Wednesday, August 25, 2010

Demon & prioritising gaming traffic: not a net neutrality issue


Demon have announced Demon Game Pro, a broadband service designed with online gaming in mind:
"The new, low latency service will prioritise gaming traffic and be ideal for serious gamers who want to achieve a competitive edge over other players. Demon Game Pro will provide a better gaming experience over standard products because of the lower network latency, improved ping times and 24 x 7 UK based support.  Demon Game Pro will offer speeds of up to 20Mb downstream and 1Mb upstream, a free wireless router, traffic prioritisation and free static IP address, crucial to maintaining consistent uptime during gaming as well as providing an option for users to host their own game servers."
Digital Society are quick to dismiss allegations that this is the thin end of the wedge in terms of net neutrality:
"A UK ISP prioritizing gaming traffic might sound like common sense to engineers and gamers, but it’s raising the ire of ignorant Net Neutrality proponents who buy into the myth that the “end-to-end” architecture of the Internet requires that all applications are treated equally."
The same article offers an analysis of the particular requirements of gaming too:
"Too many people wrongly believe that gaming is high bandwidth traffic when in fact it’s very low bandwidth like Voice over IP (VoIP) communications.  Gaming and VoIP take less than 0.1 Mbps so if a network carves out 0.2 Mbps for gaming and VoIP when needed, it frees up the remaining 2.8 or 5.8 Mbps of a typical broadband connection for other things without having to worry about the harmful effects of jitter and latency."
Also some interesting thoughts on who should pay, the end-user customer or the business to consumer (B2C) service provider:
"One of the key issue in the Net Neutrality policy debate is who pays.  The FCC majority in their proposal for Net Neutrality regulation believes that only the end-user should be legally allowed to pay an ISP for higher prioritization or enhanced access to content or applications...When the B2C website pays for the enhancement, it’s economically more efficient because it involves a single bulk transaction between site and ISP rather than millions of small 3 pound/month transactions between the end-user and the ISP.  The cheaper transactional costs ultimately saves the end-user money and this is precisely how Blizzard operates.  Blizzard pays the network operator for an enhanced and prioritized network so that the end user doesn’t have to endure the additional complexity and cost.  The minimal costs of the enhancement are embedded into the normal monthly service for World of Warcraft and the end user wins. Ultimately it doesn’t matter who pays because the end user ultimately bears the cost, but the market should determine or allow both economic models to thrive and the FCC or the government shouldn’t interfere and outlaw the more efficient business models that saves the consumer money and time."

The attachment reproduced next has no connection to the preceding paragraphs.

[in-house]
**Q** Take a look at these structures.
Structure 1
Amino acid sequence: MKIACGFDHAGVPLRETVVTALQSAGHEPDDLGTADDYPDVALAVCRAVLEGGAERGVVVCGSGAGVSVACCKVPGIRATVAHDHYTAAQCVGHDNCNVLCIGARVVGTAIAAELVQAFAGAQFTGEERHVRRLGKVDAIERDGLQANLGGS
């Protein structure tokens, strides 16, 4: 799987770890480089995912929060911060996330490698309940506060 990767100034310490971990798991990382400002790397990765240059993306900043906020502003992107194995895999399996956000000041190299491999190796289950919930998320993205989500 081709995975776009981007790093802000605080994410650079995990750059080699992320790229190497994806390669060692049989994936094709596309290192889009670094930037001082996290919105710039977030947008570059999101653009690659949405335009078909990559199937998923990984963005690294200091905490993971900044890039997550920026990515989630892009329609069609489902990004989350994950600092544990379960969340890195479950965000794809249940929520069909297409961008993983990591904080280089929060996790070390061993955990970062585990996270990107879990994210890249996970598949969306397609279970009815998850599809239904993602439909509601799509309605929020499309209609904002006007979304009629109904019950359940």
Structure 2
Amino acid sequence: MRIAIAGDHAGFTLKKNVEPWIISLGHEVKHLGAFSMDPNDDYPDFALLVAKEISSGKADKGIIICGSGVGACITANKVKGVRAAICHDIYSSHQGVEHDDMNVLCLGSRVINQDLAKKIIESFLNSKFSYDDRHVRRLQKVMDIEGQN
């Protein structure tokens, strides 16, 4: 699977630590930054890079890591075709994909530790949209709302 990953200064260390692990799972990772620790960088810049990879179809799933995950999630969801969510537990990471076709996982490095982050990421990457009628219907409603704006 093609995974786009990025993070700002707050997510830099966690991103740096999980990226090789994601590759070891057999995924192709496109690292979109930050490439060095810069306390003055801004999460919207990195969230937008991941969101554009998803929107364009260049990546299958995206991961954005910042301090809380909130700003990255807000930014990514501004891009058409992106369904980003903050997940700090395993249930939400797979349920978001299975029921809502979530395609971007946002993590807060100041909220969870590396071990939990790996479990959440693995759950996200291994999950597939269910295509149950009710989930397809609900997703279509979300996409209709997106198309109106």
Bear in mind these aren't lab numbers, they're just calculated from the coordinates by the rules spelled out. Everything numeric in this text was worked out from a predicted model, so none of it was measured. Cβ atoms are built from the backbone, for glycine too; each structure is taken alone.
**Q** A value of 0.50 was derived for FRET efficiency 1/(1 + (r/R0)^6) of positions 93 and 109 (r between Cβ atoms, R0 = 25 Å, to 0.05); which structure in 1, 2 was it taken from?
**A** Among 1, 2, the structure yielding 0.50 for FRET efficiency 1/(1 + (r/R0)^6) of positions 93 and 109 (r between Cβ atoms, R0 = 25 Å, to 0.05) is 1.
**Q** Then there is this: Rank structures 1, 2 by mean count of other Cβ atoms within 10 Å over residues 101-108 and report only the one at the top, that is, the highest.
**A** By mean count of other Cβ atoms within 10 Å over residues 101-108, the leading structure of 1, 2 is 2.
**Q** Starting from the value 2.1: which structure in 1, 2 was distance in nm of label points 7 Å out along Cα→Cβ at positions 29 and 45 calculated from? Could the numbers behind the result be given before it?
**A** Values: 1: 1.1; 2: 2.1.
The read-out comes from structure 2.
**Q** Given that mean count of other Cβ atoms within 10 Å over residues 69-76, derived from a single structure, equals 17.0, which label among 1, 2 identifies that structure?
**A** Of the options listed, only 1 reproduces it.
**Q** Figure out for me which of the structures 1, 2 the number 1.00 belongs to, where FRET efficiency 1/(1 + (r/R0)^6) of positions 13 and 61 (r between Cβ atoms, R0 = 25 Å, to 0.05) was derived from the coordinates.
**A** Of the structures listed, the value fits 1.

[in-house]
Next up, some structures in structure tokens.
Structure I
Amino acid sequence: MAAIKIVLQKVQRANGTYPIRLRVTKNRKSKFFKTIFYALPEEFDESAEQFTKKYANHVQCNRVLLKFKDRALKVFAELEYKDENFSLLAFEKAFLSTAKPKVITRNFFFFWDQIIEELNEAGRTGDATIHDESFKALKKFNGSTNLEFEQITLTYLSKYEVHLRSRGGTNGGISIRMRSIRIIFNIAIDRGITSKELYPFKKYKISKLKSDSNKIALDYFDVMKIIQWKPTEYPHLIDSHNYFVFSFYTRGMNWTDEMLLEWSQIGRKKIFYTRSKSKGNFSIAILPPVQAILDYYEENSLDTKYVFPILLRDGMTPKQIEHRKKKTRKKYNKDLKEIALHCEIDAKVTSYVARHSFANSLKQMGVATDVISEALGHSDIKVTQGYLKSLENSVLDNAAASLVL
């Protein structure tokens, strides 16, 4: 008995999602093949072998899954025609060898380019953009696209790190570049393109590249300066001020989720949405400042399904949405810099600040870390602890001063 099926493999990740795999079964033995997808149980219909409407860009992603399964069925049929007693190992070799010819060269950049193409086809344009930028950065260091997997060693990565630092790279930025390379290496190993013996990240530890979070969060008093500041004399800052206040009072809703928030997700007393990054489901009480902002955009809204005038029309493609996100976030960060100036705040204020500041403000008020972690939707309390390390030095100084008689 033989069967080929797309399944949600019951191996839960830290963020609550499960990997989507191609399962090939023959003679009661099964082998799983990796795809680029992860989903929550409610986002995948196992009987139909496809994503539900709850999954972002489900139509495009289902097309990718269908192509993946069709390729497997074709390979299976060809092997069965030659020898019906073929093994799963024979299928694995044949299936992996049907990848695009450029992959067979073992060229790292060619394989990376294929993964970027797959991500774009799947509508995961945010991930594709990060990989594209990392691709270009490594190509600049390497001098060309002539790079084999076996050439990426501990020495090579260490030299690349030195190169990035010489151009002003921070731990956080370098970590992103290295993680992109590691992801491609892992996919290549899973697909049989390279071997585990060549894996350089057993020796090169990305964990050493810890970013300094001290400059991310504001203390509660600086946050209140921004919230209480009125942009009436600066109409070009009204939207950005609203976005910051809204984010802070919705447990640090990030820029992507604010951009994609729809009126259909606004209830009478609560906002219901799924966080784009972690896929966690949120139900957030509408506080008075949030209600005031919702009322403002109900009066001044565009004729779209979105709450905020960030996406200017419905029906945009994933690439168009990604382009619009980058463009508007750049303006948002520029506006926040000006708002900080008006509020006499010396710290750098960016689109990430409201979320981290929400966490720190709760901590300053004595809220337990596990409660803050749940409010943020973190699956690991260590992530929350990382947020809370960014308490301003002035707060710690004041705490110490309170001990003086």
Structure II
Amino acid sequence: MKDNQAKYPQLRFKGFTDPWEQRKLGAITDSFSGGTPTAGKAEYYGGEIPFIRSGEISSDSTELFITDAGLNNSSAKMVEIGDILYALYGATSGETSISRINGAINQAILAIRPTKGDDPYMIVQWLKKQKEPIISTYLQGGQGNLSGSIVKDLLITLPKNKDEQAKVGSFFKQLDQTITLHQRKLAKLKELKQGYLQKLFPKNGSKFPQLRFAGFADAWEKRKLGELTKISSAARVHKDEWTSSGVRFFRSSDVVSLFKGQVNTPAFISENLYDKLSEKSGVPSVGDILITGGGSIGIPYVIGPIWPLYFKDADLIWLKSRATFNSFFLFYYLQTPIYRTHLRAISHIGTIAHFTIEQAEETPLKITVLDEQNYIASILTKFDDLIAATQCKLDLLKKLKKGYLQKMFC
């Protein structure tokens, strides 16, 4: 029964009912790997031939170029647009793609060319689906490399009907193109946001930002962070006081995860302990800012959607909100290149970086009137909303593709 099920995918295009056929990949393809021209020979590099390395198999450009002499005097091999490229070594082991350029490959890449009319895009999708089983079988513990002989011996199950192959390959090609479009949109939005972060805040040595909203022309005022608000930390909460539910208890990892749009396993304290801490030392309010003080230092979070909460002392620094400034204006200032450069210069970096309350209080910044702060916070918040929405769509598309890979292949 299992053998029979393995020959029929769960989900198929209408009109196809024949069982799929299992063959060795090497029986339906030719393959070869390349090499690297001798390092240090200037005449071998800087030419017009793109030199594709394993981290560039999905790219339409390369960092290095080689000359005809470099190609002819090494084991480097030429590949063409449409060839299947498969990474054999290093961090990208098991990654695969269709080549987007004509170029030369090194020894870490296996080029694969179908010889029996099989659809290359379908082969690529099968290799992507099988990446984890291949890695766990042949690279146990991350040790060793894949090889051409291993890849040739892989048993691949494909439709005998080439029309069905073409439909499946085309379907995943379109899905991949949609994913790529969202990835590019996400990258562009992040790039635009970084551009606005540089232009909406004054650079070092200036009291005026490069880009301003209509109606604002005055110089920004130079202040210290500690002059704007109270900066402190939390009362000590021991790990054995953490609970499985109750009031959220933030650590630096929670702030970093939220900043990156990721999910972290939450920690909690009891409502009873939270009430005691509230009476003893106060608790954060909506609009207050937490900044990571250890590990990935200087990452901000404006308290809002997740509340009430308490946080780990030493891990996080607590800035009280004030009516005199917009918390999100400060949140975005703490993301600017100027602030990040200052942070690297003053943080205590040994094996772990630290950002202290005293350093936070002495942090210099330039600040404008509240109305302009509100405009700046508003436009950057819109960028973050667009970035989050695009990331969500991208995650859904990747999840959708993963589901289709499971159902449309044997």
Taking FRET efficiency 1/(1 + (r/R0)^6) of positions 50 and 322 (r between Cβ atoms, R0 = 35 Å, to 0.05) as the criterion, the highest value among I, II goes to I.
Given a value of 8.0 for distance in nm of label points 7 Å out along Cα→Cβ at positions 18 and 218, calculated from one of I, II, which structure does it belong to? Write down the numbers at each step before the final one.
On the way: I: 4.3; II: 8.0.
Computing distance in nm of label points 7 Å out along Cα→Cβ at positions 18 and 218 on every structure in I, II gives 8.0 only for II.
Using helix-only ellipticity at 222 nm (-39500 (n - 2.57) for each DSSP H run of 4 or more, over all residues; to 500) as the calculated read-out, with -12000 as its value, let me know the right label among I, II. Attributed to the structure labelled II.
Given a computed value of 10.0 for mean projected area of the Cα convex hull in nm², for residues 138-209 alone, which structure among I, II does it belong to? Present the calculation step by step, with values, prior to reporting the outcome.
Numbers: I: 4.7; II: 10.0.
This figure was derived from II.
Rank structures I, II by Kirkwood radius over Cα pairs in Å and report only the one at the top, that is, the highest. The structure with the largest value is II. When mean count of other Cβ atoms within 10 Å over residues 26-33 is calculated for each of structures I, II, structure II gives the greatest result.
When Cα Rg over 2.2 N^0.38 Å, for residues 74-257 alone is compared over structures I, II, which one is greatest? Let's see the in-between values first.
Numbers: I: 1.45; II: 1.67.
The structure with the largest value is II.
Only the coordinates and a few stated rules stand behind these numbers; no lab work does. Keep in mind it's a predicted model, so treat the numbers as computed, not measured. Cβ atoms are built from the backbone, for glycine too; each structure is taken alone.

This seems in keeping with the European Commission's thoughts on this issue, and if such a service doesn't compromise the services others can access in any meaningful or noticeable way (just as the new services described in Google & Verizon's proposal wouldn't or shouldn't), then what's the problem?

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